Hedd, A., Pollet, I.L., Mauck, R.A., Bond, A.L., Burke, C.M., Fifield, D.A., Mallory, M., Tranquilla, L.A.M., Montevecchi, W.A., Robertson, G.J., Ronconi, R.A., Shutler, D., Wilhelm, S.I., Burgess, N.M. (2016) Investigating drivers of Leach’s storm-petrel Oceanodroma leucorhoa population decline in Atlantic Canada. 6th International Albatross and Petrel Conference. Page 101.

Hedd, A., Pollet, I.L., Mauck, R.A., Burke, C.M., Mallory, M.L., McFarlane Tranquilla, L.A., Montevecchi, W.A., Robertson, G.J., Ronconi, R.A., Shutler, D., Wilhelm, S.I., and Burgess, N.M. (in revision) Foraging Areas, Offshore Habitat Use and Colony Segregation by Incubating Leach’s Storm-Petrels Oceanodroma leucorhoa in the Northwest Atlantic. PLoS One (in revision)

Pollet, I.L., Ronconi, R.A., Jonsen, I.D., Leonard, M.L., Taylor, P.D., and Shutler, D. (2014) Foraging movements of Leach’s storm-petrels Oceanodroma leucorhoa during incubation. Journal of Avian Biology 45: 305-314.

Phillips, R.A., Catry, P., Thompson, D.R., Hamer, K.C., and Furness, R.W. (1997) Inter-colony variation in diet and reproductive performance of Great Skuas Catharacta skua. Marine Ecology Progress Series 152:285-293.

Phillips, R.A., Thompson, D.R., and Hamer, K.C. (1999) The impact of great skua predation on seabird populations at St Kilda: a bioenergetics model. Journal of Applied Ecology 36:218–232.

Sklepkovych, B. O., and W. A. Montevecchi. (1989). The world’s largest known nesting colony of Leach’s Storm-Petrels on Baccalieu Island, Newfoundland. American Birds 43:38-42.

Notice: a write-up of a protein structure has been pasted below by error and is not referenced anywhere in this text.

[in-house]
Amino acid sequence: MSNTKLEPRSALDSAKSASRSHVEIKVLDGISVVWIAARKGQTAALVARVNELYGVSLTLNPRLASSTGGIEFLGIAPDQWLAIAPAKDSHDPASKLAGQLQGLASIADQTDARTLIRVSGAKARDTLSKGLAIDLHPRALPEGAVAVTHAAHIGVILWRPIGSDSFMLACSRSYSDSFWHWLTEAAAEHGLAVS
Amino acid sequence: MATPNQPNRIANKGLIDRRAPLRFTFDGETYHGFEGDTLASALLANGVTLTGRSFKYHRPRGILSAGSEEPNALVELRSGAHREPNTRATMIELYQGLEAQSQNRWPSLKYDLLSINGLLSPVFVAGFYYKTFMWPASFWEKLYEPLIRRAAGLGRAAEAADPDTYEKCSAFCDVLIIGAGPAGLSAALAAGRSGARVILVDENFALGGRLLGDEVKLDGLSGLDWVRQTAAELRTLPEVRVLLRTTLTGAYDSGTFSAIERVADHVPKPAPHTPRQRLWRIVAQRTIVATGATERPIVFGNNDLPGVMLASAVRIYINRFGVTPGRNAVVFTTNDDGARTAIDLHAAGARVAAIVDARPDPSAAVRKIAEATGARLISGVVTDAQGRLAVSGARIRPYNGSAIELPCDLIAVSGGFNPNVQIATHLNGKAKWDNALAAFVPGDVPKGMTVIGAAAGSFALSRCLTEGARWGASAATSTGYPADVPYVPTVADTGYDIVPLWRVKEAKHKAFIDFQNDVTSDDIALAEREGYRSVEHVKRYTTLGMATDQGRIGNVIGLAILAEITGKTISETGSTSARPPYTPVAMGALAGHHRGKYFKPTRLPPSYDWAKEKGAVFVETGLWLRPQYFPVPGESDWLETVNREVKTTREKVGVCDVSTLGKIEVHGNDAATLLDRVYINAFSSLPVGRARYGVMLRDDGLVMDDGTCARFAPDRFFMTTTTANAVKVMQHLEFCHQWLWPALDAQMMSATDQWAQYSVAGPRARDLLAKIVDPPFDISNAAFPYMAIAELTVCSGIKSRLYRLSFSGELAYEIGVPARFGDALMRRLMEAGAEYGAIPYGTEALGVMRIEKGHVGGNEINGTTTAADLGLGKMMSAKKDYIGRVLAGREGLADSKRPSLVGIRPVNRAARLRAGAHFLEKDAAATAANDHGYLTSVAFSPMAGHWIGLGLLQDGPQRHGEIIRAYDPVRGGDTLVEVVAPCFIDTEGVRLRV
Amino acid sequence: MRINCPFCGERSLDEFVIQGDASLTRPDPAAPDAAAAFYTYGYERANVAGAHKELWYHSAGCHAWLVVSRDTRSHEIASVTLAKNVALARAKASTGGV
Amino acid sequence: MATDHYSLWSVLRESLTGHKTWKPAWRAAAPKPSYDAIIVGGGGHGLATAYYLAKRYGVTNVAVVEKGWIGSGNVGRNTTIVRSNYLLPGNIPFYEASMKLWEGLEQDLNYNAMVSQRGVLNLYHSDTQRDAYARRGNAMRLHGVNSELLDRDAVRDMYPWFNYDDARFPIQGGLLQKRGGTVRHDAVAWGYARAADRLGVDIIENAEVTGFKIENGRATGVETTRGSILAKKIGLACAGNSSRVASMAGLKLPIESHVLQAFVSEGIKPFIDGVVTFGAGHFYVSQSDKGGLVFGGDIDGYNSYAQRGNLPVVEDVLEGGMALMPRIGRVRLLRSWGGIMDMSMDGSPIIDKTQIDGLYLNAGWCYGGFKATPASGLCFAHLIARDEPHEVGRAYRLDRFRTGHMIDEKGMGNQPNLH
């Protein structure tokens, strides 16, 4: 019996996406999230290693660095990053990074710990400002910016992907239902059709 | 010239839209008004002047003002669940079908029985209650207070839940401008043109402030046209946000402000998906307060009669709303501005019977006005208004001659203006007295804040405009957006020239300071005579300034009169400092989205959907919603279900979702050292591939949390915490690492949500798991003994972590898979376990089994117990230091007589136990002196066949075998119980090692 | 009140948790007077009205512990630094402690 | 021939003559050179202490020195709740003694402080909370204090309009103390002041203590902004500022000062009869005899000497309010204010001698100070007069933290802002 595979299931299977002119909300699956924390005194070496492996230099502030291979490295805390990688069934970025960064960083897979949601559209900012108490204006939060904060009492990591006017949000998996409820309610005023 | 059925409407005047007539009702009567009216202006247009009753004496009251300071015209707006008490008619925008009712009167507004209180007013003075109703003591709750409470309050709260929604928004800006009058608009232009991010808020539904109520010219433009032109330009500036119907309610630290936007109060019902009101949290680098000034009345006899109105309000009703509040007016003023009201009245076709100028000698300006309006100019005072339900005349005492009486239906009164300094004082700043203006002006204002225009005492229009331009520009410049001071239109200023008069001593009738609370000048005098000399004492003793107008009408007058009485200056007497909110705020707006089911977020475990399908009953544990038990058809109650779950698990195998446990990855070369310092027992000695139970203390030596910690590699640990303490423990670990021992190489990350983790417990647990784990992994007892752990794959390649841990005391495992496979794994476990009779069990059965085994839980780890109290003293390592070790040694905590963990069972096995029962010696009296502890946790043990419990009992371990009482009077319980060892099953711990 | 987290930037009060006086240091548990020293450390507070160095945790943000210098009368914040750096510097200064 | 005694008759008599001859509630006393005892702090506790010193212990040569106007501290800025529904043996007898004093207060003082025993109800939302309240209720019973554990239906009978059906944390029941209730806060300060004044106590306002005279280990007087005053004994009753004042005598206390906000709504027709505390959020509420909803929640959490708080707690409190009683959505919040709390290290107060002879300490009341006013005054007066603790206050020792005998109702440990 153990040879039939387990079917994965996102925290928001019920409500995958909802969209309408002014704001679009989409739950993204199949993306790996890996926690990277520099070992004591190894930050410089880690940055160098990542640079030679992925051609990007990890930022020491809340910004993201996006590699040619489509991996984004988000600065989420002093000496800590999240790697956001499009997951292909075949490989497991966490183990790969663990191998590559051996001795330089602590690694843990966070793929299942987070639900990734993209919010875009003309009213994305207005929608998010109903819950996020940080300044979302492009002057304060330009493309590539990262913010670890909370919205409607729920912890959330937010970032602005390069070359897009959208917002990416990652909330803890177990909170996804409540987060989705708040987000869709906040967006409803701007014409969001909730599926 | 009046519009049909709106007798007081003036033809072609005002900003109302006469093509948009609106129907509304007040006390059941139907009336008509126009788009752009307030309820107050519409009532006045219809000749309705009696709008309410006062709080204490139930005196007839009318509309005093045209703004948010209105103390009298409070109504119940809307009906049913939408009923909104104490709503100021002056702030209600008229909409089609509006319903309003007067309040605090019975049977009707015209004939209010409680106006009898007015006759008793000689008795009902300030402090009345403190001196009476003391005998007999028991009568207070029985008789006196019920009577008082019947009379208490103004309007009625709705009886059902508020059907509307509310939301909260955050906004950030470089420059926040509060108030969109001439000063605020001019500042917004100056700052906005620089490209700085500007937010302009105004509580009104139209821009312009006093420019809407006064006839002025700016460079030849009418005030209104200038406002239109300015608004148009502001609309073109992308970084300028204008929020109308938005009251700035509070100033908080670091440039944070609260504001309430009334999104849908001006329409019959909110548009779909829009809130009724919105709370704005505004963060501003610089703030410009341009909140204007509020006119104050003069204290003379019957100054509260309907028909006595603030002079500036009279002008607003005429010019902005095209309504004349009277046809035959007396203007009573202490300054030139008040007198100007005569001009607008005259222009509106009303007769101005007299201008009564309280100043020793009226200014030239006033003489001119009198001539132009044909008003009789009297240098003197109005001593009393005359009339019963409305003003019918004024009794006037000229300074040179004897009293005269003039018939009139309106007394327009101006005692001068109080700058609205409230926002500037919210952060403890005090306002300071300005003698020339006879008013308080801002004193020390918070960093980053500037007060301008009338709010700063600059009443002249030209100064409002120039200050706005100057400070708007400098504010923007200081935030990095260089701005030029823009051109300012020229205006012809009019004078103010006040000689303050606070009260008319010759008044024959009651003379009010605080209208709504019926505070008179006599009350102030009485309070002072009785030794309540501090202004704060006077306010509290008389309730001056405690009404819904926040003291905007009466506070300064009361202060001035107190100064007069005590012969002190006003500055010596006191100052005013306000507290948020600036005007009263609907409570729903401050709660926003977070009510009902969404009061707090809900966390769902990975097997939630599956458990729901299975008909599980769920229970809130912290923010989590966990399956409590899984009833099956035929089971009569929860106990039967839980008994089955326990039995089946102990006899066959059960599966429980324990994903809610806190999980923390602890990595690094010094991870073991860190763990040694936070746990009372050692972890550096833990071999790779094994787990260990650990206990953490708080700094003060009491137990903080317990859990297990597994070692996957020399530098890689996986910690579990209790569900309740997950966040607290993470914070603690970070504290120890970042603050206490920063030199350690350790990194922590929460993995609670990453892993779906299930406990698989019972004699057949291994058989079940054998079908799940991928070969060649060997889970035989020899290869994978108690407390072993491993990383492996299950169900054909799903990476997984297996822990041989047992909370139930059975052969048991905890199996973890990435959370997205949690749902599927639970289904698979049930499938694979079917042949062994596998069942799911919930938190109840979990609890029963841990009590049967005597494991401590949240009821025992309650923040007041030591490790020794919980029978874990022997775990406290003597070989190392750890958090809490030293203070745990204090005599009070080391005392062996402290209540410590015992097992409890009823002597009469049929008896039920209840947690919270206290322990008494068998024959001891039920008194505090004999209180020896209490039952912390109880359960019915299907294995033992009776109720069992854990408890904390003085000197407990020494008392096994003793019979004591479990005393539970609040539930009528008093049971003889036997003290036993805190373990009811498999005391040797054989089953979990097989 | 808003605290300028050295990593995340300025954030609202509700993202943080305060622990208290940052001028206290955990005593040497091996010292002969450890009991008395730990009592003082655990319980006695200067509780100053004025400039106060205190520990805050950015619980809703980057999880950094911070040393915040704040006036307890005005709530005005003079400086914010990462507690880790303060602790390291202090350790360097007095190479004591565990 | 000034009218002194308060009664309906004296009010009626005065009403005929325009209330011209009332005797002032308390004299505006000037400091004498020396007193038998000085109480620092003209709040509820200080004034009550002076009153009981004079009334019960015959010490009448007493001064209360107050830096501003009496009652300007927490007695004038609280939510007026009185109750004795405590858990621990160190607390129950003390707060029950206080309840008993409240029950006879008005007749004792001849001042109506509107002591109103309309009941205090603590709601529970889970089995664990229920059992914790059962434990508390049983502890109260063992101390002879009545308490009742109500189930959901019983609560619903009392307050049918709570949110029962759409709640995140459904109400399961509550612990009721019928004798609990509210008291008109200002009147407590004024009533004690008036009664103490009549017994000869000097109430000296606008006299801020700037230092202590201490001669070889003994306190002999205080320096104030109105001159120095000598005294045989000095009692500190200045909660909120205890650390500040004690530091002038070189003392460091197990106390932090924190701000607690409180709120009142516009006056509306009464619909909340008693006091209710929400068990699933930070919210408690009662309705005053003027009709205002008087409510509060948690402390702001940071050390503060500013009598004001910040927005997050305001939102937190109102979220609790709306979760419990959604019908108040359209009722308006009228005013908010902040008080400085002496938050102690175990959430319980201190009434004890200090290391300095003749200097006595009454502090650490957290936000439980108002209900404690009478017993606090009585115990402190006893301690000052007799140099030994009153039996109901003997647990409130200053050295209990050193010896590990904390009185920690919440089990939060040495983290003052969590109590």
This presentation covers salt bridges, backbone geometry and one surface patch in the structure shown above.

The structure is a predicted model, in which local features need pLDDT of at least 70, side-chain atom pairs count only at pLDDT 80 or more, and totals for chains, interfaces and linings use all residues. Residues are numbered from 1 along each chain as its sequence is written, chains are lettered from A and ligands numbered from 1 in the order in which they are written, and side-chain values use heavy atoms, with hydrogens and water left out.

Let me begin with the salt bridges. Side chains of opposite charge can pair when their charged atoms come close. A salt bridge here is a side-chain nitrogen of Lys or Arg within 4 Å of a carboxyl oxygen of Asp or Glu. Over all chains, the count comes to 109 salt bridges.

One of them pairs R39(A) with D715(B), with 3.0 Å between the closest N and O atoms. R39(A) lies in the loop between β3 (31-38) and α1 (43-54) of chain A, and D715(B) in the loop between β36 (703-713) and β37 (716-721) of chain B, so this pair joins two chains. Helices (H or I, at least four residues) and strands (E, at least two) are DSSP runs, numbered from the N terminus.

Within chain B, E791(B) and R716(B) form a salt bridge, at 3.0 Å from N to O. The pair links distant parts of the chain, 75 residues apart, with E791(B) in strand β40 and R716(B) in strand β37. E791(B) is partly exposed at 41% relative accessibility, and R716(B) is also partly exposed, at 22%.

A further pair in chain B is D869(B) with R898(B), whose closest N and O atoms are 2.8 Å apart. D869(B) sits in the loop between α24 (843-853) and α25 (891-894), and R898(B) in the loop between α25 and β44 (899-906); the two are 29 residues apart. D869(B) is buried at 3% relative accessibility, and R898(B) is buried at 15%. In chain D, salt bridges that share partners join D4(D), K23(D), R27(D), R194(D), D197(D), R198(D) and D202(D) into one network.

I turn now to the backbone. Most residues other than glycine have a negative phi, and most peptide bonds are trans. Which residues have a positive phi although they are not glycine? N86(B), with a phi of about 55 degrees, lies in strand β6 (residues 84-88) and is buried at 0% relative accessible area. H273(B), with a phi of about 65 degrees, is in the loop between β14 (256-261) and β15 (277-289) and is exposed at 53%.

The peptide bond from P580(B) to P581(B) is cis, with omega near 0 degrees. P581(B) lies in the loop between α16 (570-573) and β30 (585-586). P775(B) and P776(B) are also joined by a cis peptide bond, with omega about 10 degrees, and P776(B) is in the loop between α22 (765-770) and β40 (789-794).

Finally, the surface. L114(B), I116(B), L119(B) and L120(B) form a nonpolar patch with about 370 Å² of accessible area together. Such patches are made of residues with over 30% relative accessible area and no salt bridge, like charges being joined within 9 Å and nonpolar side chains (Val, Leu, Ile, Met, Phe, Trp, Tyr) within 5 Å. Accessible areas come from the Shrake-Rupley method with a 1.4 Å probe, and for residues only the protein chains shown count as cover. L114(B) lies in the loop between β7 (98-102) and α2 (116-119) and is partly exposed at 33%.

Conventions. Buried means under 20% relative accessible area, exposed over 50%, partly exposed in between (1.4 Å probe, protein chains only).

Stenhouse, I. J., G. J. Robertson, and W. A. Montevecchi. (2000). Herring Gull Larus argentatus predation on Leach’s Storm-petrel Oceanodroma leucorhoa breeding on Great Island, Newfoundland. Atlantic Seabirds 2:35-44.

Votier, S.C., Crane, J.E., Bearhop, S., de Leon, A., McSorley, C.A., Minguez, E., Mitchell. I.P., Parsons. M., Phillips, R.A., Furness, R.W. (2006) Nocturnal foraging by great skuas Stercorarius skua: implications for conservation of storm-petrel populations. Journal of Ornithology 147: 405–413

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2 Responses to Archived 2016 topics: Leach’s Storm-petrel (Hydrobates leucorhous): uplist from Least Concern to Vulnerable?

  1. Harry Carter says:

    See Carter, H.R., A.E. Burger, P.V. Clarkson, Y. Zharikov, M.S. Rodway, S.G. Sealy, R.W.
    Campbell, and D.F. Hatler. 2012. Historical colony status and recent extirpations of burrow-nesting seabirds at Seabird Rocks, British Columbia. Wildlife Afield 9:13-48. The colony of Leach’s Storm-Petrels at Seabird Rocks, one of only two on the SW coast of Vancouver Island, British Columbia, Canada, was recently extirpated by River Otters. Please email me to get a pdf of this paper.

  2. James Westrip (BirdLife) says:

    Based on available information, our preliminary proposal for the 2016 Red List would be to adopt the proposed classifications outlined in the initial forum discussion.

    There is now a period for further comments until the final deadline of 28 October, after which the recommended categorisations will be put forward to IUCN.

    Please note that we will then only post final recommended categorisations on forum discussions where these differ from those in the initial proposal.

    The final 2016 Red List categories will be published on the BirdLife and IUCN websites in early December, following further checking of information relevant to the assessments by both BirdLife and IUCN.

Comments are closed.